Research shows that our youth athletes are spending at least 12-14 hours per day in a seated position, which compromises function.
Your body adopts the position that you assume most of the day, like putting a cast on a limb, thus making it difficult to get into better positions later. What most people don't realize is that the positions we assume for most of the day also impact how we will move the rest of the day, especially when we start talking competition in sports.
The sitting position causes:
1) Everyone to be weak and have a low functional capacity, which can lead to weight gain, orthopedic problems and decreased athletic performance.
2) Short and weak hip flexors, as well as the structures/tissues around the knee and foot/ankle complex.
3) The spine to collapse into flexion due to fatigue, causing long and weak upper, mid and low back muscles.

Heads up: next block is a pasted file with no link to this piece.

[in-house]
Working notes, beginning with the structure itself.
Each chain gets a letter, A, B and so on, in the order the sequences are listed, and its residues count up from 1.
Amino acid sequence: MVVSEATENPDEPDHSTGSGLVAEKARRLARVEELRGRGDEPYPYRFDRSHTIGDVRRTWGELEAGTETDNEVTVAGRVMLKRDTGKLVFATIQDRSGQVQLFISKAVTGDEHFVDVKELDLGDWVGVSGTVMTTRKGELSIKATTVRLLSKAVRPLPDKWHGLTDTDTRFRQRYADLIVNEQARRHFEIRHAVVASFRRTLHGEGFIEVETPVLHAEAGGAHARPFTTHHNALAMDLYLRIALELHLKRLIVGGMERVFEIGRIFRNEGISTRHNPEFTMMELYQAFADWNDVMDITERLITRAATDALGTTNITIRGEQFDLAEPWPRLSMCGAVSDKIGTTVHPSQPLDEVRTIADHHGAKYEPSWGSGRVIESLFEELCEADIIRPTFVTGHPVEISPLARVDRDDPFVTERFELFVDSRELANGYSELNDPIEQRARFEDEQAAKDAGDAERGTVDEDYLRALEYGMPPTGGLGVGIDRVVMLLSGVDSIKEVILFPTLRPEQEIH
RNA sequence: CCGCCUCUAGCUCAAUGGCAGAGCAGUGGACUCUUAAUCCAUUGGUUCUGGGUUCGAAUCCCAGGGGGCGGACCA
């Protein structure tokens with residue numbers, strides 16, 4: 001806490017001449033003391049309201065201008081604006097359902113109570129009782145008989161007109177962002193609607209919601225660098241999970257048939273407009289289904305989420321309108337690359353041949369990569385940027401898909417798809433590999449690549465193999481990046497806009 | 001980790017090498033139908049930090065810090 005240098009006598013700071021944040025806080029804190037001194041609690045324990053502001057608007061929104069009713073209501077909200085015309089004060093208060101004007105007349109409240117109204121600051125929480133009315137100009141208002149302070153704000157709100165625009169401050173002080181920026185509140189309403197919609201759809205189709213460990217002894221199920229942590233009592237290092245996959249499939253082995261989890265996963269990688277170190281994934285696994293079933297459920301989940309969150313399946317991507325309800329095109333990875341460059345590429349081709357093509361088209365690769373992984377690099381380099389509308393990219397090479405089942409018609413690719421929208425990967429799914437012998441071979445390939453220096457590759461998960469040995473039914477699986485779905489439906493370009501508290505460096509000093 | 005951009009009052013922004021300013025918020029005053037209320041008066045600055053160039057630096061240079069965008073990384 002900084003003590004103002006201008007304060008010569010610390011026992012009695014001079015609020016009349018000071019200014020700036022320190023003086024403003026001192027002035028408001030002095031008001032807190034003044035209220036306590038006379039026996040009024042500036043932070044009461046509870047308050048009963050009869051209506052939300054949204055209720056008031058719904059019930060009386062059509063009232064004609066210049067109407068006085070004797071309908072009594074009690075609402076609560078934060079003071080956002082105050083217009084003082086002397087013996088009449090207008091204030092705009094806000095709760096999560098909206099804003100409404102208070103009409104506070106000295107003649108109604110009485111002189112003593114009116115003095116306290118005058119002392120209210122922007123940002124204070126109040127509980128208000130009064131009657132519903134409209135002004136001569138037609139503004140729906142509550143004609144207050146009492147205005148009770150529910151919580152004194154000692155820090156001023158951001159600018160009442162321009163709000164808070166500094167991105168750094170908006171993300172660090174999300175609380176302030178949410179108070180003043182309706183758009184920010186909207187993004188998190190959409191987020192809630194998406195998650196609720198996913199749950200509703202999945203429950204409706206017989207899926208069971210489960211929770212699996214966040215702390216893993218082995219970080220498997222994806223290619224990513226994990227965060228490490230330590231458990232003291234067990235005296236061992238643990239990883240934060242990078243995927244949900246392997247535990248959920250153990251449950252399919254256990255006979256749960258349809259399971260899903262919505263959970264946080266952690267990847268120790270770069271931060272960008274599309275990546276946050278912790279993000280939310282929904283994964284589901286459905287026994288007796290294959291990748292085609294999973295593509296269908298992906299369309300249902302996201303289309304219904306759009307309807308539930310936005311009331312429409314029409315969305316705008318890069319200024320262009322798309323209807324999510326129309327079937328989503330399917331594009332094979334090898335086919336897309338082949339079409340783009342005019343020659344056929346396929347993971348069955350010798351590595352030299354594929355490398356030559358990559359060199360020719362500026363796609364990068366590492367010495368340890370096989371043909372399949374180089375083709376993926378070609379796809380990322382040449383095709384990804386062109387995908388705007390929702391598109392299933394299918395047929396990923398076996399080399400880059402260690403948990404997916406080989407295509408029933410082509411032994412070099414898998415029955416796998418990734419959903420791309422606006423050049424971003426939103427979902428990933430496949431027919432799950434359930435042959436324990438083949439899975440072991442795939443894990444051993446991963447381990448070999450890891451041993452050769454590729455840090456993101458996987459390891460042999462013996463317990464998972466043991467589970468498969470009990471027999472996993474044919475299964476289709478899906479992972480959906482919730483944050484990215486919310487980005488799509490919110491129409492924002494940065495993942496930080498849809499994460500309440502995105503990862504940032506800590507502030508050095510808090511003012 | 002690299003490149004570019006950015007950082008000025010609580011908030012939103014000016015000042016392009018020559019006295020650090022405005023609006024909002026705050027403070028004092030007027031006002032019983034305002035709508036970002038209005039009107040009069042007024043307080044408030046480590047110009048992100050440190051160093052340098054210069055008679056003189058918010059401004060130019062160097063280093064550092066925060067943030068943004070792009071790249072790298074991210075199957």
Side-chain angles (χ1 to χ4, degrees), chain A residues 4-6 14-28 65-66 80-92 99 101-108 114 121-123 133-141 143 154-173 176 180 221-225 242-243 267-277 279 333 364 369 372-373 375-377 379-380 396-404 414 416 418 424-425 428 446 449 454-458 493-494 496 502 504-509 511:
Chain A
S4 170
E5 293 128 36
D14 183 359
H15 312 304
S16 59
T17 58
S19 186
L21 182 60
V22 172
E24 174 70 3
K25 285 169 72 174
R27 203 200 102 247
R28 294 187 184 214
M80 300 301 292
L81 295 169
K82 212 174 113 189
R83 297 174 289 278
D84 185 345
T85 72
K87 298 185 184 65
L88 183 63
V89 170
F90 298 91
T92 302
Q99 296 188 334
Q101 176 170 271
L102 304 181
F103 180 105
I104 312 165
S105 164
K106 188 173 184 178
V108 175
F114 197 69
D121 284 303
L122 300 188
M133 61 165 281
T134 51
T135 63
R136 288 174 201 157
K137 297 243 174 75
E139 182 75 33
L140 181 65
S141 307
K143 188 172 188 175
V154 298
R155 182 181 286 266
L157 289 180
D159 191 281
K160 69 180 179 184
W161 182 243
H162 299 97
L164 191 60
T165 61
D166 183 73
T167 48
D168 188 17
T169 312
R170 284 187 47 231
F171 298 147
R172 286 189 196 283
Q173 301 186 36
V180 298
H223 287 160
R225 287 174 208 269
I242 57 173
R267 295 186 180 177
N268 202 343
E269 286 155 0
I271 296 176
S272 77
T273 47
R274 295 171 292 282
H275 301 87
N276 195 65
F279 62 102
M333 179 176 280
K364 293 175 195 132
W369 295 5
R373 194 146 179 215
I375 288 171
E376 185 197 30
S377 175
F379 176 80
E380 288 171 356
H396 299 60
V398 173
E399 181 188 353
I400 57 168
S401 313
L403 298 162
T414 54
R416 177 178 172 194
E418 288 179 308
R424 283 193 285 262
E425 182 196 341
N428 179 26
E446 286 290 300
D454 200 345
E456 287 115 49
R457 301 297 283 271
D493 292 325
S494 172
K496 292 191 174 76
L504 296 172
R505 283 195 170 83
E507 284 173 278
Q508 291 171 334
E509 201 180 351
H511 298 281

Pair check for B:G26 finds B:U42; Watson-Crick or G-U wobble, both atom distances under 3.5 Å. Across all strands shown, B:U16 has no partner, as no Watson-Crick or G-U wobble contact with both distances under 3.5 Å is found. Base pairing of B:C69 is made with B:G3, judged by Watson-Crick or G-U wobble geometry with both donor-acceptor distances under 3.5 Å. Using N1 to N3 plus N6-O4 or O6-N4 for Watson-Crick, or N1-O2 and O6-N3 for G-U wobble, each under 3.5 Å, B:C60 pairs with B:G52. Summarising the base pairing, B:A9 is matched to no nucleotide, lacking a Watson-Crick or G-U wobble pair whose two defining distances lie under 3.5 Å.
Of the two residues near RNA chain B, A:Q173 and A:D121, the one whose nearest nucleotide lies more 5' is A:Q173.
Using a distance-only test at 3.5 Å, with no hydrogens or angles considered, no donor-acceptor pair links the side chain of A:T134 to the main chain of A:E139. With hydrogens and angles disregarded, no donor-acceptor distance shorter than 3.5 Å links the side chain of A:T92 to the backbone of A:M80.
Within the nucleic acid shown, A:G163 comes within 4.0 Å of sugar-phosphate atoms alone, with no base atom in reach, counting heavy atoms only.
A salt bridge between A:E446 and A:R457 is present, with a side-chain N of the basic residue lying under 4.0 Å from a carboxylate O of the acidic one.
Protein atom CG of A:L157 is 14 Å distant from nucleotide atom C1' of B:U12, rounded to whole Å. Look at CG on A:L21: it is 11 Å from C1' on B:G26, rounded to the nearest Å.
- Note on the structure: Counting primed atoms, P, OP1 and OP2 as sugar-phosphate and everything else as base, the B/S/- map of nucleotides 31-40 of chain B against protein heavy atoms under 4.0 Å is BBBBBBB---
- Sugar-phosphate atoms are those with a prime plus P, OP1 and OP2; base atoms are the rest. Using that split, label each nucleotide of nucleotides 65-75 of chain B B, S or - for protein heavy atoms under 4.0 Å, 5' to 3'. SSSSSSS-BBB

Let's see how this will compromise athletic performance on the field and can lead to overuse injuries. So when you stand up the hip will not want to extend (it's been flexed most of the day), so you will compensate by extending through the lower back because you can't get it through your hip complex. This will affect anything like acceleration, sprinting, jogging or change of direction, since this position will impact toe off and hip extension.
Next this same position will have an impact on the ability to do anything overhead, such as throwing, swinging, serving or swimming, because of what was mentioned above, as well as the compromised shoulder position from increased flexion in the upper spine.
Just these two big compensations (there are also others we will not get into with this email) can lead to less than optimal performance in your sport, as well as lead to injuries to areas like the low back, knee, foot/ankle, shoulder, neck, elbow, wrist, etc.
If your athletic development program is not taking the above into consideration you are leaving plenty on the table to improve your performance in your respected sport, as well as possibly setting yourself up for an overuse injury.
If you are interested in learning more about how I integrate all the above in all our my Sports Performance Programs, please feel free to contact me at firstname.lastname@example.org or 317-408-0835.
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